1913 – The New Mexico Supreme Court upholds a sodomy conviction. Ex Parte DeVore, 136 P. 47.
1915 – World War I: The Kingdom of Bulgaria joins the Central Powers.
1916 – Sophomore tackle and guard Paul Robeson is excluded from the Rutgers football team when Washington and Lee Universities refuse to play against a black person.
1920 – Part of Petsamo Province is ceded by the Soviet Union to Finland.
1925 – Anti-French uprising in French-occupied Damascus, Syria.
1926 – The children’s book Winnie-the-Pooh, by A. A. Milne, is first published.
1927 – The California Court of Appeals, in upholding a sodomy conviction, rules that corroborative evidence could be circumstantial in nature.
1933 – Nazi Germany draws from the League of Nations.
1939 – World War II: The German U-boat U 47 sinks the battleship HMS Royal Oak in Scapa Flow, Orkney.
1940 – The Balham Underground Station Disaster occurs in London during the Luftwaffe raids on the city.
1942 – Canadian passenger ferry Caribou is torpedoed off Newfoundland by German U-boat U-69.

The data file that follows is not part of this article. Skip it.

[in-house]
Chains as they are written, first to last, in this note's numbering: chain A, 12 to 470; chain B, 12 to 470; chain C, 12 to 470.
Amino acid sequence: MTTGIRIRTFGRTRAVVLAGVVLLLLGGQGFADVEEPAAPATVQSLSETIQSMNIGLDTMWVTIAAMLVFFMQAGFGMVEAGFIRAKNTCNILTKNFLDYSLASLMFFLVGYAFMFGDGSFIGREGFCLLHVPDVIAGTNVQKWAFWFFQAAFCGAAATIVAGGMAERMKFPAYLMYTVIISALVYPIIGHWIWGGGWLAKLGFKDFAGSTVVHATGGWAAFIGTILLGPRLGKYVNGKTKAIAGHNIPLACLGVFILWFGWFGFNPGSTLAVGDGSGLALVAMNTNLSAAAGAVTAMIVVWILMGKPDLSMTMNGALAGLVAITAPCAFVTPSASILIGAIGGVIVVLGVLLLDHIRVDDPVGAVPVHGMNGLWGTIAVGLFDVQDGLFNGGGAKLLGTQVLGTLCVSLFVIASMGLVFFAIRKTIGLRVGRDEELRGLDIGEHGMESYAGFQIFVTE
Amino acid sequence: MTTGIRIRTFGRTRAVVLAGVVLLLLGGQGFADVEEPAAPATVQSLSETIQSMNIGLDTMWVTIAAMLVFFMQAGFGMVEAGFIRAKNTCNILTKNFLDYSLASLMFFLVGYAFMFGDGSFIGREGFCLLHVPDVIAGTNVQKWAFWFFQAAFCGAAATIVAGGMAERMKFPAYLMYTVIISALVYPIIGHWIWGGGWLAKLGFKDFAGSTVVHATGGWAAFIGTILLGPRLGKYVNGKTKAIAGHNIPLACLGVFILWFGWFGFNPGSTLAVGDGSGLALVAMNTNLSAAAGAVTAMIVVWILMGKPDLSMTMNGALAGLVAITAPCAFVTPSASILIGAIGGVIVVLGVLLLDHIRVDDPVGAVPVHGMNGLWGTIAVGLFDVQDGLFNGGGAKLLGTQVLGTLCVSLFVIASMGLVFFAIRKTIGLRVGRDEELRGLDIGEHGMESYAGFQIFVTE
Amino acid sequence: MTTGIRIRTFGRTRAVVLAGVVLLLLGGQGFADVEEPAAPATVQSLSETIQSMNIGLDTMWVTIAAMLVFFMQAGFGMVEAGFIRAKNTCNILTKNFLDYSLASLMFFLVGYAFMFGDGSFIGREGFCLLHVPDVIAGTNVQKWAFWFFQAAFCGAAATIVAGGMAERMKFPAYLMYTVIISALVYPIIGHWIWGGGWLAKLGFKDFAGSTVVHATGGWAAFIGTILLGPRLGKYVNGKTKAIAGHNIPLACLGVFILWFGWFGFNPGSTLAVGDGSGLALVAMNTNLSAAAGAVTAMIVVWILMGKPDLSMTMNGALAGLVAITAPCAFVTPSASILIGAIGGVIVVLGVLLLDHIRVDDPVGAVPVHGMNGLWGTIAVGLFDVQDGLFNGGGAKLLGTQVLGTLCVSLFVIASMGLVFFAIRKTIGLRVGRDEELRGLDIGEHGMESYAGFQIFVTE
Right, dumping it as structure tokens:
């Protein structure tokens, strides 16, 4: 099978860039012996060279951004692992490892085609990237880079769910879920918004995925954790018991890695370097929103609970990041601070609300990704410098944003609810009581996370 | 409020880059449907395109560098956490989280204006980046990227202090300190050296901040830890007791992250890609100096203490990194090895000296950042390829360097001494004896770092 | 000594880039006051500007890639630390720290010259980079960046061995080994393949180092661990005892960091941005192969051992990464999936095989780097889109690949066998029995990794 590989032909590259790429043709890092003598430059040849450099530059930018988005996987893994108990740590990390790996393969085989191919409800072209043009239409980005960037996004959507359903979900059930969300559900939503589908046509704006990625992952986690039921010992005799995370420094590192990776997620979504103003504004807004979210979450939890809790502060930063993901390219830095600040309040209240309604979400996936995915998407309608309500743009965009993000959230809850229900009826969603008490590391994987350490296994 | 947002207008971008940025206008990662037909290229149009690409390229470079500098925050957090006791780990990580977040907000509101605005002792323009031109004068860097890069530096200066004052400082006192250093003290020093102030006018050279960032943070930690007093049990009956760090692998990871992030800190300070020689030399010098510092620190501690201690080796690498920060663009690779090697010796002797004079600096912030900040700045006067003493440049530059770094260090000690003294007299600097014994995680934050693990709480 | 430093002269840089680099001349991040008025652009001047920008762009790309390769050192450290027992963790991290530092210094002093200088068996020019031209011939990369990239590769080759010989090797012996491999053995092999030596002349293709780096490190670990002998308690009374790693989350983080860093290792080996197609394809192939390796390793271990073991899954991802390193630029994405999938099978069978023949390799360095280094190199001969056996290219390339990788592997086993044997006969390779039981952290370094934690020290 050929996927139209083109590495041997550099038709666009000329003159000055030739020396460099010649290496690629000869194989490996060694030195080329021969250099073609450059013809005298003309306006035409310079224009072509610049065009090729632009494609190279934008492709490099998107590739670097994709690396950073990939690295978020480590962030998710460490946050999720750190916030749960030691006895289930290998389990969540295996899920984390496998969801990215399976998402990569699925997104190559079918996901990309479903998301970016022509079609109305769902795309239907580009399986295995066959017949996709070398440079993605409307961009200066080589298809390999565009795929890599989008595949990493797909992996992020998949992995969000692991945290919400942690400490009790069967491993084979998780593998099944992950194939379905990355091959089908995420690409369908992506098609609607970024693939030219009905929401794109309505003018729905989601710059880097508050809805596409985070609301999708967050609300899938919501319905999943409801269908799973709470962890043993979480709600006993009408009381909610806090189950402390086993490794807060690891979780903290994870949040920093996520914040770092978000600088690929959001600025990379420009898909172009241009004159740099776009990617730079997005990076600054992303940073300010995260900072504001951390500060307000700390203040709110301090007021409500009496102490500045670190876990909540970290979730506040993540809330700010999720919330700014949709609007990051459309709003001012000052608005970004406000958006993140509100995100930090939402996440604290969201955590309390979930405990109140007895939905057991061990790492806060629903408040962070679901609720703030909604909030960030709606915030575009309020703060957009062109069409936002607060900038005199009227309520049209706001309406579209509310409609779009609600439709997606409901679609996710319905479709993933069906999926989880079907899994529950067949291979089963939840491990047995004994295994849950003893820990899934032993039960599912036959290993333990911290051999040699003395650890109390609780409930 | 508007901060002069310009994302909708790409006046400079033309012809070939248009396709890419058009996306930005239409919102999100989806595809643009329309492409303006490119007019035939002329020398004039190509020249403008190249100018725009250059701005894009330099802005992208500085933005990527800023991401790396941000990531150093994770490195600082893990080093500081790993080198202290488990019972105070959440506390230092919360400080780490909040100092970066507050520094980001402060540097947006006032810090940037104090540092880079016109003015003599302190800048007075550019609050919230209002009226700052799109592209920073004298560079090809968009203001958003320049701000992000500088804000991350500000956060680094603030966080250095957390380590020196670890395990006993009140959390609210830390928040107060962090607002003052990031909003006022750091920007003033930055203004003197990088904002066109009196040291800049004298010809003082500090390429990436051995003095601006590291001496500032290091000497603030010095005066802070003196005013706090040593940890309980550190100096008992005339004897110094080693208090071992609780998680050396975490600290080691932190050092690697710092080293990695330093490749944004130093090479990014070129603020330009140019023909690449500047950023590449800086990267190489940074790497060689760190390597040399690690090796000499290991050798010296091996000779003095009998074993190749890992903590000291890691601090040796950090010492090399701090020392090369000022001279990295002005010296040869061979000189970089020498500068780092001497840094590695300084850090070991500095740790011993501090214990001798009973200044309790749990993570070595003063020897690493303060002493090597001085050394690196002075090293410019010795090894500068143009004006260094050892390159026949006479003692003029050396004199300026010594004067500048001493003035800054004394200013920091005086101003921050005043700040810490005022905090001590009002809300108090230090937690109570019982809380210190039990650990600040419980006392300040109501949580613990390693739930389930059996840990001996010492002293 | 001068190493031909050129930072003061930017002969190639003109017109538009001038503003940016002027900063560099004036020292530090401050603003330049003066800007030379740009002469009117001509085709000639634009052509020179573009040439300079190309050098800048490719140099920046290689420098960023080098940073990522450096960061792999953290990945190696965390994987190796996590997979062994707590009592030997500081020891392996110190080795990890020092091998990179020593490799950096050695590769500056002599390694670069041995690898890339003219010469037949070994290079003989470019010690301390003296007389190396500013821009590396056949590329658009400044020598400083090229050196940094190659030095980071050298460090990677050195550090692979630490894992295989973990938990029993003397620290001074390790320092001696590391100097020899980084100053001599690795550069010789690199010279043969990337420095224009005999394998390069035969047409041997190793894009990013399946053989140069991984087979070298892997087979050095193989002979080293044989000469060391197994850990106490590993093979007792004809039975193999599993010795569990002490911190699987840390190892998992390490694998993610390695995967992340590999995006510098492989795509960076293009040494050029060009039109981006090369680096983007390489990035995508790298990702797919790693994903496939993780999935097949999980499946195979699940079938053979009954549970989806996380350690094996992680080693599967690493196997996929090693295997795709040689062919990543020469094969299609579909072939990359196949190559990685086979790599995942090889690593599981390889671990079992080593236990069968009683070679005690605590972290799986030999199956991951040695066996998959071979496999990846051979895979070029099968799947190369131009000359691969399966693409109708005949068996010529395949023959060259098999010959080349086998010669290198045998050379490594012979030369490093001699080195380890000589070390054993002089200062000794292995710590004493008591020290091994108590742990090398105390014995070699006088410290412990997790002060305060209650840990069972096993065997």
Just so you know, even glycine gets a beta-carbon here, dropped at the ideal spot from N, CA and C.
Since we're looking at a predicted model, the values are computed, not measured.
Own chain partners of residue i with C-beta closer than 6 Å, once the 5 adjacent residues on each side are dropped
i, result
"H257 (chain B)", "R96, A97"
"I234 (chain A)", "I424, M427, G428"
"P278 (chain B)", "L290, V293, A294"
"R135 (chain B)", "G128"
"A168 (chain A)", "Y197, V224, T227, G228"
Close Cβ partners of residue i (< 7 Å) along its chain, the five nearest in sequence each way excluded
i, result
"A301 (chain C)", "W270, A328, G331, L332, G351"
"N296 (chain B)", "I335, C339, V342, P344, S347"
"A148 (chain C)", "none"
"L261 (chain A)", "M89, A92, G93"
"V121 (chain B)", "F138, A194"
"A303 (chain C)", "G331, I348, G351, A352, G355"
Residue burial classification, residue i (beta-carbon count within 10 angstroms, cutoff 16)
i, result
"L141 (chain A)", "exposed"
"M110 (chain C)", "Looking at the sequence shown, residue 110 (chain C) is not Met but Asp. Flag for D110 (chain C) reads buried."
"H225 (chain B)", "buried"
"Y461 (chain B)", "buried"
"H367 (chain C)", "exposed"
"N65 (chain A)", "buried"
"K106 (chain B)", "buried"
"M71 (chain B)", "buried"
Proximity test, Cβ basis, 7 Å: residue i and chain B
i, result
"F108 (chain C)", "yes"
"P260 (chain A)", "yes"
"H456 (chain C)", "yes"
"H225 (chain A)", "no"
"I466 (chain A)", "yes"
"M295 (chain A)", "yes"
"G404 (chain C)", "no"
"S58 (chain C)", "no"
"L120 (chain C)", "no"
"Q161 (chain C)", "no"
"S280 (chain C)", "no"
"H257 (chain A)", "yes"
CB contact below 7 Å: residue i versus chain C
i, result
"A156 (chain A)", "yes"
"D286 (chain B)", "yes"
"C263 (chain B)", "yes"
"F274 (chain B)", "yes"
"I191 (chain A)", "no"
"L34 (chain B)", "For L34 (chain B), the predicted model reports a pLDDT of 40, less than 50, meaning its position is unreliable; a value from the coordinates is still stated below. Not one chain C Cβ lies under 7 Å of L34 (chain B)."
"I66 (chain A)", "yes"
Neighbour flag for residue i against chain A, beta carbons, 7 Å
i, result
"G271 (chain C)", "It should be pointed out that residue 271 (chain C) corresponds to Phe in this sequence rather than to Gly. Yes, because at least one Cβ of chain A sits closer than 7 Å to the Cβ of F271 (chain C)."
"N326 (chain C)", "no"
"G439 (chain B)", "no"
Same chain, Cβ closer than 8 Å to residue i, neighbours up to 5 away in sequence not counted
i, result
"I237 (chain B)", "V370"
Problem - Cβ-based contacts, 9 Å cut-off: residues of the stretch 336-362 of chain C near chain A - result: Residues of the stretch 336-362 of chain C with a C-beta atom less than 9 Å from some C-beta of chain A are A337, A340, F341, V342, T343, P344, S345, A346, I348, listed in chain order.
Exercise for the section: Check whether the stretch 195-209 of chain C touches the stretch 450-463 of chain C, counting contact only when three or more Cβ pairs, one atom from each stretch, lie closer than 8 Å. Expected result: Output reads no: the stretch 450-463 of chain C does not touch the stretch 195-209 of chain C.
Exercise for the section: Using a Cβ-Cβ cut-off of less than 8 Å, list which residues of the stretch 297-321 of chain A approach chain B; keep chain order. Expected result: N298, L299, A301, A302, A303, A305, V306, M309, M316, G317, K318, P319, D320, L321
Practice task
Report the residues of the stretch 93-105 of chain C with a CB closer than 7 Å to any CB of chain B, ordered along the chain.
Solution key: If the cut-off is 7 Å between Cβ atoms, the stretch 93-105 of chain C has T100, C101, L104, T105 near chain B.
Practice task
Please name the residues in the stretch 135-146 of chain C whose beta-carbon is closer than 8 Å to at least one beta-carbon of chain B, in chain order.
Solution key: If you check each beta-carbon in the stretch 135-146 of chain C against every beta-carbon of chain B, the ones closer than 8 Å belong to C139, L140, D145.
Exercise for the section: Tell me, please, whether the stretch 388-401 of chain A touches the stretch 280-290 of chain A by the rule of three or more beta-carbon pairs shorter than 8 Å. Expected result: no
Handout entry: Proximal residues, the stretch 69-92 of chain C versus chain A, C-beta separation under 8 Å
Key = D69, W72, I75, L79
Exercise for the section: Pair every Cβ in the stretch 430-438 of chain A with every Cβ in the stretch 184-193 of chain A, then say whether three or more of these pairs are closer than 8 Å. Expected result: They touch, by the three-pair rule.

1943 – José P. Laurel becomes President of the Philippines.
1944 – World War II: Given the choice between a public treason trial and a certain death by firing squad or suicide honor, German Field Marshal Erwin Rommel chooses the latter.
1947 – Chuck Yeager flies a Bell X-1 faster than the speed of sound, the first man to do so in level flight.
1949 – Eleven leaders of the U.S. Communist Party are convicted, after a nine-month trial, of conspiring to advocate the violent overthrow of the U.S. government. Ten defendants are sentenced to 5 years in prison each, and the eleventh to 3 years. The Supreme Court upheld the convictions on June 4, 1951.
1951 – 2000 14 October